TAKING STOCK: The New York Times as an investment

Dear Mr. Berko:

Please give me your opinion of The New York Times. I may buy 400 shares. Also, what do you think of The Wall Street Journal?

CA, Rochester, Minn.


Dear CA:

Thanx to the internet, we’ve been watching the decline of the newspaper industry during the past dozen years.

Sadly, too many publishers have passively accepted their papers’ diminution, knowing their publications will continue to be less valued by their communities.

Certainly, there won’t be more newspapers like the 12-pound, 1,612-page Sept. 14, 1987, edition of The New York Times (NYT-$24), which caused a surge in hernia procedures at Mount Sinai and NewYork-Presbyterian hospitals.

Most publishers were unprepared for the digital revolution. Few publishers drank from the fountain of knowledge, and most others just gargled.

Using yesterday’s solutions for today’s problems, NYT’s concussed management initiated wide-scale cost-cutting measures and restructuring to strengthen margins.

That didn’t help.

Fewer readers were thumbing through the pages of the paper for daily doses of local, state and national news.

So management began to streamline and reshape its business model, divesting underperforming assets and reducing payroll and pension costs.

Resultantly, management began to generate strong growth in its formative digital advertising revenues.

NYT’s management offers mobile applications to readers who want to stay current on the go, with interactive features that complement printed articles.

The ramping up of digital platforms has generated strong results that should ensure long-term growth. Few papers can brag about having a reputation as an investigative newspaper, but the Times can. Proof of the pudding can be found in the recently awarded Pulitzer Prizes for its news coverage.

The Times has had to turn itself topsy-turvy to succeed in a very difficult operating environment. It has worked. Management has considerably improved its competitive edge during the past few years, and NYT’s share price has risen from below $10 to $26.

I subscribe to The New York Times. It’s tossed on our driveway seven days a week. It’s a delightfully written, albeit overly liberal, paper with a daily circulation of over 570,000 and about 3 million paid digital subscribers.

Though the copy editing of the Times has suffered under budget constraints and layoffs, most of its articles and columns are still competently and crisply written, while the content is apropos.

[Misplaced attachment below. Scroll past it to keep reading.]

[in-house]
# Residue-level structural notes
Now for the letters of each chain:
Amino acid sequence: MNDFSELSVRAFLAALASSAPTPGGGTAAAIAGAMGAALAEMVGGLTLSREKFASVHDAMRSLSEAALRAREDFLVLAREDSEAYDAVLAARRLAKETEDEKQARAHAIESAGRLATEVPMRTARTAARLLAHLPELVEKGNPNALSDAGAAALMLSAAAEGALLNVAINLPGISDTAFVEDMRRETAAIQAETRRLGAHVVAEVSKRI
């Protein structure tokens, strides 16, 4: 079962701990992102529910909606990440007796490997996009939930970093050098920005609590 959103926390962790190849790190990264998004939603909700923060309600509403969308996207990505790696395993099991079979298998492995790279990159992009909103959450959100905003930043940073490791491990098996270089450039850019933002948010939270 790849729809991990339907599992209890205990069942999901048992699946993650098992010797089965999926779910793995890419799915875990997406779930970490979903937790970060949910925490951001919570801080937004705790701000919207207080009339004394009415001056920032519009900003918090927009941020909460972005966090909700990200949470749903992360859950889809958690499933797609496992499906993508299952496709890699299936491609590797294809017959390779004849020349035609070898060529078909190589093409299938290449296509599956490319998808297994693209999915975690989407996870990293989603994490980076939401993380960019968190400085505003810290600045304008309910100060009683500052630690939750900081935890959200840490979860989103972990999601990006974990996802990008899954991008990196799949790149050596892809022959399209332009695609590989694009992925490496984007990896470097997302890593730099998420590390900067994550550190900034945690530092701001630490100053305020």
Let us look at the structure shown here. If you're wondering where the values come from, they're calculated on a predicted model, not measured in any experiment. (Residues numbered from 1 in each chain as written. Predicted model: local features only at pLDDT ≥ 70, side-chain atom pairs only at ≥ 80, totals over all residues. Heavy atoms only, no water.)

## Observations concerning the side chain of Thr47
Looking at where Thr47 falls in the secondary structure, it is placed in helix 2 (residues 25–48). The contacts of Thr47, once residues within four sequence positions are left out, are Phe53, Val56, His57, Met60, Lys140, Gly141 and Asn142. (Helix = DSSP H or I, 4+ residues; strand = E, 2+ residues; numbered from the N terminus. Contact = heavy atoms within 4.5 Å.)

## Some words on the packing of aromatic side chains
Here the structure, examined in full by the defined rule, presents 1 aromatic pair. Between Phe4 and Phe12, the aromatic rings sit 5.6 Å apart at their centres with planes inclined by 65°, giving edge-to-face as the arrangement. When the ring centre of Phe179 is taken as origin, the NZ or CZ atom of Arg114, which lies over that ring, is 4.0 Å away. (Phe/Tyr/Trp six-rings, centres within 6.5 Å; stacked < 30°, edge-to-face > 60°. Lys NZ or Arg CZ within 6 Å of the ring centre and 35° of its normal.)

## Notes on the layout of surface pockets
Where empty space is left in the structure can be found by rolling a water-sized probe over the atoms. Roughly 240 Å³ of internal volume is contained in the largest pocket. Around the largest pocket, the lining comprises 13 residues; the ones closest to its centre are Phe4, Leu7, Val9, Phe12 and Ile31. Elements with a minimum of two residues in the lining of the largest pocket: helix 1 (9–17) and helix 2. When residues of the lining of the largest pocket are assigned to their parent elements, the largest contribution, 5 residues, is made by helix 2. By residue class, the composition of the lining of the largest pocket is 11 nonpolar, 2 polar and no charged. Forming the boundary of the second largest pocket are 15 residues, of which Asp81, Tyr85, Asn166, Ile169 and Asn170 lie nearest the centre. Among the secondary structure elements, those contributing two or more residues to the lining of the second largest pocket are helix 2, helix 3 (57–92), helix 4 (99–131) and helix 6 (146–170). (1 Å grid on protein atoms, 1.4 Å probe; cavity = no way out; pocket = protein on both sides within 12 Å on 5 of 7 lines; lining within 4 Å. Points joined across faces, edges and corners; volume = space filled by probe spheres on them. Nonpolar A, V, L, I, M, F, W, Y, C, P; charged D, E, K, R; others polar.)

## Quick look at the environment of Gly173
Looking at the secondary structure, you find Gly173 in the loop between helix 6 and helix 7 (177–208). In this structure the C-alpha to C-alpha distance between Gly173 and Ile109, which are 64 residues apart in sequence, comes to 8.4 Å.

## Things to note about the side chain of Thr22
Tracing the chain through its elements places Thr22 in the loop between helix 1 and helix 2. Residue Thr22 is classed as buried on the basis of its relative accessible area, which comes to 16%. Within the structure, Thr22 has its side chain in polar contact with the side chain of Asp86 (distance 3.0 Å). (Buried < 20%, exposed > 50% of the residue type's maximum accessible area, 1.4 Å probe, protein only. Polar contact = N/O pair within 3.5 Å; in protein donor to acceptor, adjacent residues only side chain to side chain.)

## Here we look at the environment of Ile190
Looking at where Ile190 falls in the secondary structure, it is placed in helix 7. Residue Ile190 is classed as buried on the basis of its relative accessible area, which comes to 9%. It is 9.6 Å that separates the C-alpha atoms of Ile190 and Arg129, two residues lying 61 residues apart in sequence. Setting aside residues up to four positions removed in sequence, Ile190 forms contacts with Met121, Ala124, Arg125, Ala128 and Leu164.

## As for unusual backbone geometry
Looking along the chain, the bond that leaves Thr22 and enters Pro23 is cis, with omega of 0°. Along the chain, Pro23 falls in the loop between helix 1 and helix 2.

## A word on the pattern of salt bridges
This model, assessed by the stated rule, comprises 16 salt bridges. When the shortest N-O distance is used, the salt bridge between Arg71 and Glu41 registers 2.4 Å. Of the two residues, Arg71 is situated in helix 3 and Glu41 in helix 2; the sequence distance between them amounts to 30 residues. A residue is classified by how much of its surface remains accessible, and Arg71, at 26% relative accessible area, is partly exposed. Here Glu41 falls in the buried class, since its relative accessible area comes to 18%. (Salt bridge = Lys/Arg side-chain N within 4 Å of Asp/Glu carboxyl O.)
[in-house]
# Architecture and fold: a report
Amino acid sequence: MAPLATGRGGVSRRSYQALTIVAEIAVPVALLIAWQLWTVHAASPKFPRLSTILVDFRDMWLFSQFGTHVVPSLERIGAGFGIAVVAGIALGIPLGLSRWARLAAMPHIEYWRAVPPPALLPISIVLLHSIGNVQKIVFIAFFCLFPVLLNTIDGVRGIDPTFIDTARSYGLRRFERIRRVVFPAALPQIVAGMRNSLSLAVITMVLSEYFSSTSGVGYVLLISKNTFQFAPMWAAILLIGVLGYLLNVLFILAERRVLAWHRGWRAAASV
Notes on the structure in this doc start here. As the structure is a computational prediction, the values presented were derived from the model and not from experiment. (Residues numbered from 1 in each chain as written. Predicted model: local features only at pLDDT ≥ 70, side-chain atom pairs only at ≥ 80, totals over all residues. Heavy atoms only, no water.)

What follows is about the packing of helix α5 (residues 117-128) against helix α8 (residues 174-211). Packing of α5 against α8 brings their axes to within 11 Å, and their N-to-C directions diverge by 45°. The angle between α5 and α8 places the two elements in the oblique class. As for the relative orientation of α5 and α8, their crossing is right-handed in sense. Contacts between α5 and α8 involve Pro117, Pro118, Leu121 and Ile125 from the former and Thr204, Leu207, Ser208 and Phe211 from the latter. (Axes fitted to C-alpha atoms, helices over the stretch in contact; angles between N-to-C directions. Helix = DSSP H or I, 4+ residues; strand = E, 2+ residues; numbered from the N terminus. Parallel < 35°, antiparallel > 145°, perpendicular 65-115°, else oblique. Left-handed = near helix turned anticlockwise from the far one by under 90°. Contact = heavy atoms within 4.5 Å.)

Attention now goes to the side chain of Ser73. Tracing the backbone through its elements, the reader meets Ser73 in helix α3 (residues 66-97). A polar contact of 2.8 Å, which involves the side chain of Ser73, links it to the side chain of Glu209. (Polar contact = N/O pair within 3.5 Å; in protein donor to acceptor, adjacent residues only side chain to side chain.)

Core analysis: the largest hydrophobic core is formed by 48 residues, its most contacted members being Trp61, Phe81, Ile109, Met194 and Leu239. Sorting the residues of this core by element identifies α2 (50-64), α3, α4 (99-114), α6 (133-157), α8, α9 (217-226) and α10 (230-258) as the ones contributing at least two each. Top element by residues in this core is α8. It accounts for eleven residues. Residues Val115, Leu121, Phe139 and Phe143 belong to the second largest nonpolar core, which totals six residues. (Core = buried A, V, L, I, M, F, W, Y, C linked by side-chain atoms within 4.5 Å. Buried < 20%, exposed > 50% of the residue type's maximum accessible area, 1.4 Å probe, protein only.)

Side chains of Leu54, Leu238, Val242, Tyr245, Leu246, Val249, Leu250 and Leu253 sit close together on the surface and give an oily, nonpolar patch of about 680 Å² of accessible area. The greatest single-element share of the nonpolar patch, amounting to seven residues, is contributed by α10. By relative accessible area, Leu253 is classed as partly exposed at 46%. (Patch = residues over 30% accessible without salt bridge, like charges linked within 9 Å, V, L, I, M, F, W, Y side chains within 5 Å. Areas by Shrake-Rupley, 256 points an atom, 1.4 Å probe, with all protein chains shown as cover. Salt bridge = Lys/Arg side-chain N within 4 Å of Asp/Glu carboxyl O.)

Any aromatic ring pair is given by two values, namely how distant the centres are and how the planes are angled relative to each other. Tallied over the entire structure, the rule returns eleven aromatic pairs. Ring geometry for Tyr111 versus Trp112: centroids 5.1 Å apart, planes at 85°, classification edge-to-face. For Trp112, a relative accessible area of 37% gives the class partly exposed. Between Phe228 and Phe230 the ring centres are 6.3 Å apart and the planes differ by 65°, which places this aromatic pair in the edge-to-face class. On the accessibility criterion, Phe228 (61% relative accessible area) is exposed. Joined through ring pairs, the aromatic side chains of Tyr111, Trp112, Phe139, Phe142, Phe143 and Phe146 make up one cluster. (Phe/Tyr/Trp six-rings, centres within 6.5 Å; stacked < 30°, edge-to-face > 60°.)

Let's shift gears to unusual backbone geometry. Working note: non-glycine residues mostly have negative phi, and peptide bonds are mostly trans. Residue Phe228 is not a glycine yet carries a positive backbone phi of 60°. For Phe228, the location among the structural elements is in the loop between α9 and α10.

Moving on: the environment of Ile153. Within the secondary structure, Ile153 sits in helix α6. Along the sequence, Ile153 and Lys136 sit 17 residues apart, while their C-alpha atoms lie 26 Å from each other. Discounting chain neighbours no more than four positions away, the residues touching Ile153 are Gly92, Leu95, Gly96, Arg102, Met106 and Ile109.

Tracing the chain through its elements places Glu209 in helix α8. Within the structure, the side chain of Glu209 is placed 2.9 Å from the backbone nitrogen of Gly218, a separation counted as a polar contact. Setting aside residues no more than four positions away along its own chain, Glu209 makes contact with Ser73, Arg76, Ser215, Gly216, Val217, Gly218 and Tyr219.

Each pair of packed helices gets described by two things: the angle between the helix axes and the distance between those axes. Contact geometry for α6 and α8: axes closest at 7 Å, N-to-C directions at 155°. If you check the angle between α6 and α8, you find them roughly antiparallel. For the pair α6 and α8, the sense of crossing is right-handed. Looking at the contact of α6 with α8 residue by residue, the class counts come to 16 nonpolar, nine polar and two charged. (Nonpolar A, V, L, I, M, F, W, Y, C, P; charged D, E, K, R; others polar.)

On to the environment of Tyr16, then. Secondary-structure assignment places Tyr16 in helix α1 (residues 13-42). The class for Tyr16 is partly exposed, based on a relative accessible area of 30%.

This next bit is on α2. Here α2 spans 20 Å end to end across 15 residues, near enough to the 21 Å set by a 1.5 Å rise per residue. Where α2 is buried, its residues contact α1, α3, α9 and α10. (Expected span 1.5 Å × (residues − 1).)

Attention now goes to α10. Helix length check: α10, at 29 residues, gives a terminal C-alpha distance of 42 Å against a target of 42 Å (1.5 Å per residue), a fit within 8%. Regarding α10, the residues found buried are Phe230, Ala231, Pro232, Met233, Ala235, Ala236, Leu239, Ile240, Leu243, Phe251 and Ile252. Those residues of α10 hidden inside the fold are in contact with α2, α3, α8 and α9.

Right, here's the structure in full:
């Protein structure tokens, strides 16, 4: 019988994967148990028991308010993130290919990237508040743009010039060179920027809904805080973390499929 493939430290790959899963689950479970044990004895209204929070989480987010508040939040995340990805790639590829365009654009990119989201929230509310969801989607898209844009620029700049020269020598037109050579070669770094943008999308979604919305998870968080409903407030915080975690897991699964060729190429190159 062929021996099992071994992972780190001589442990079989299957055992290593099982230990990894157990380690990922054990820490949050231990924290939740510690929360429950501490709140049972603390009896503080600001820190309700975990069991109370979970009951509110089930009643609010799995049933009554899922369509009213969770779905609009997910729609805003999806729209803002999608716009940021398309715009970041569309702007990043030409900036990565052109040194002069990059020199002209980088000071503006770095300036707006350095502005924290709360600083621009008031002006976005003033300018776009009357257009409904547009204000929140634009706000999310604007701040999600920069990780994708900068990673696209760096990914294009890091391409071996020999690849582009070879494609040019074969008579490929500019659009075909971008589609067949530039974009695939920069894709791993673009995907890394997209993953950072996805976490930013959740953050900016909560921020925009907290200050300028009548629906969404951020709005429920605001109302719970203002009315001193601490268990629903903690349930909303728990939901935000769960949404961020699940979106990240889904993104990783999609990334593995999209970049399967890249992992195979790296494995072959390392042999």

Because some of the Times’ writers are a bit extreme in their socio-political opinions, I subscribe to The Wall Street Journal (published six days a week) as an antidote.

However, the Journal has also suffered because of budget constraints, forcing good writers to leave for better pastures. Editors were laid off, making some articles yucky to read.

The Sunday edition was eliminated because the Journal’s marketing team couldn’t sell enough advertising to be able to have a print edition seven days a week. And to reduce operating costs by 10 percent, management reduced the paper’s physical size by 20 percent. In the process, some content was compromised, and so was the elegance of this paper.

The New York Times is an icon that, contrary to what President Donald Trump says, is too big to fail.

Management has added new revenue streams, improved its balance sheet and restructured its portfolio with an intense focus on generating more revenues from online activities.

Management’s recent aggressive digital marketing campaign expects digital subscriptions to reach the 5 million mark in the coming few years. And management is aggressively monetizing various superbly researched articles.

For example, its highly respected reporting regarding sexual harassment and related cover-ups, its impressive photo gallery, its interesting graphs, and its fascinating statistics are sold and transmitted to some 1,800 papers and magazines.

Other investigative articles about drug use on the gridiron and in track and field, effects of the tech expansion in California, and national politics are sold to hundreds of newspapers every day.

I believe that 2018 revenues will touch $1.75 billion and that earnings will reach 50 cents a share.

The 16-cent dividend won’t be raised this year. Numbers for the coming years are expected to improve incrementally. J.P. Morgan has a research report on NYT and is the only brokerage with a “buy” recommendation.

I wouldn’t buy NYT shares, because I think the upside potential is limited.
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Please address your financial questions to Malcolm Berko, P.O. Box 8303, Largo, FL 33775, or email him at mjberko@yahoo.com. To find out more about Malcolm Berko and read features by other Creators Syndicate writers and cartoonists, visit the Creators Syndicate website at www.creators.com.

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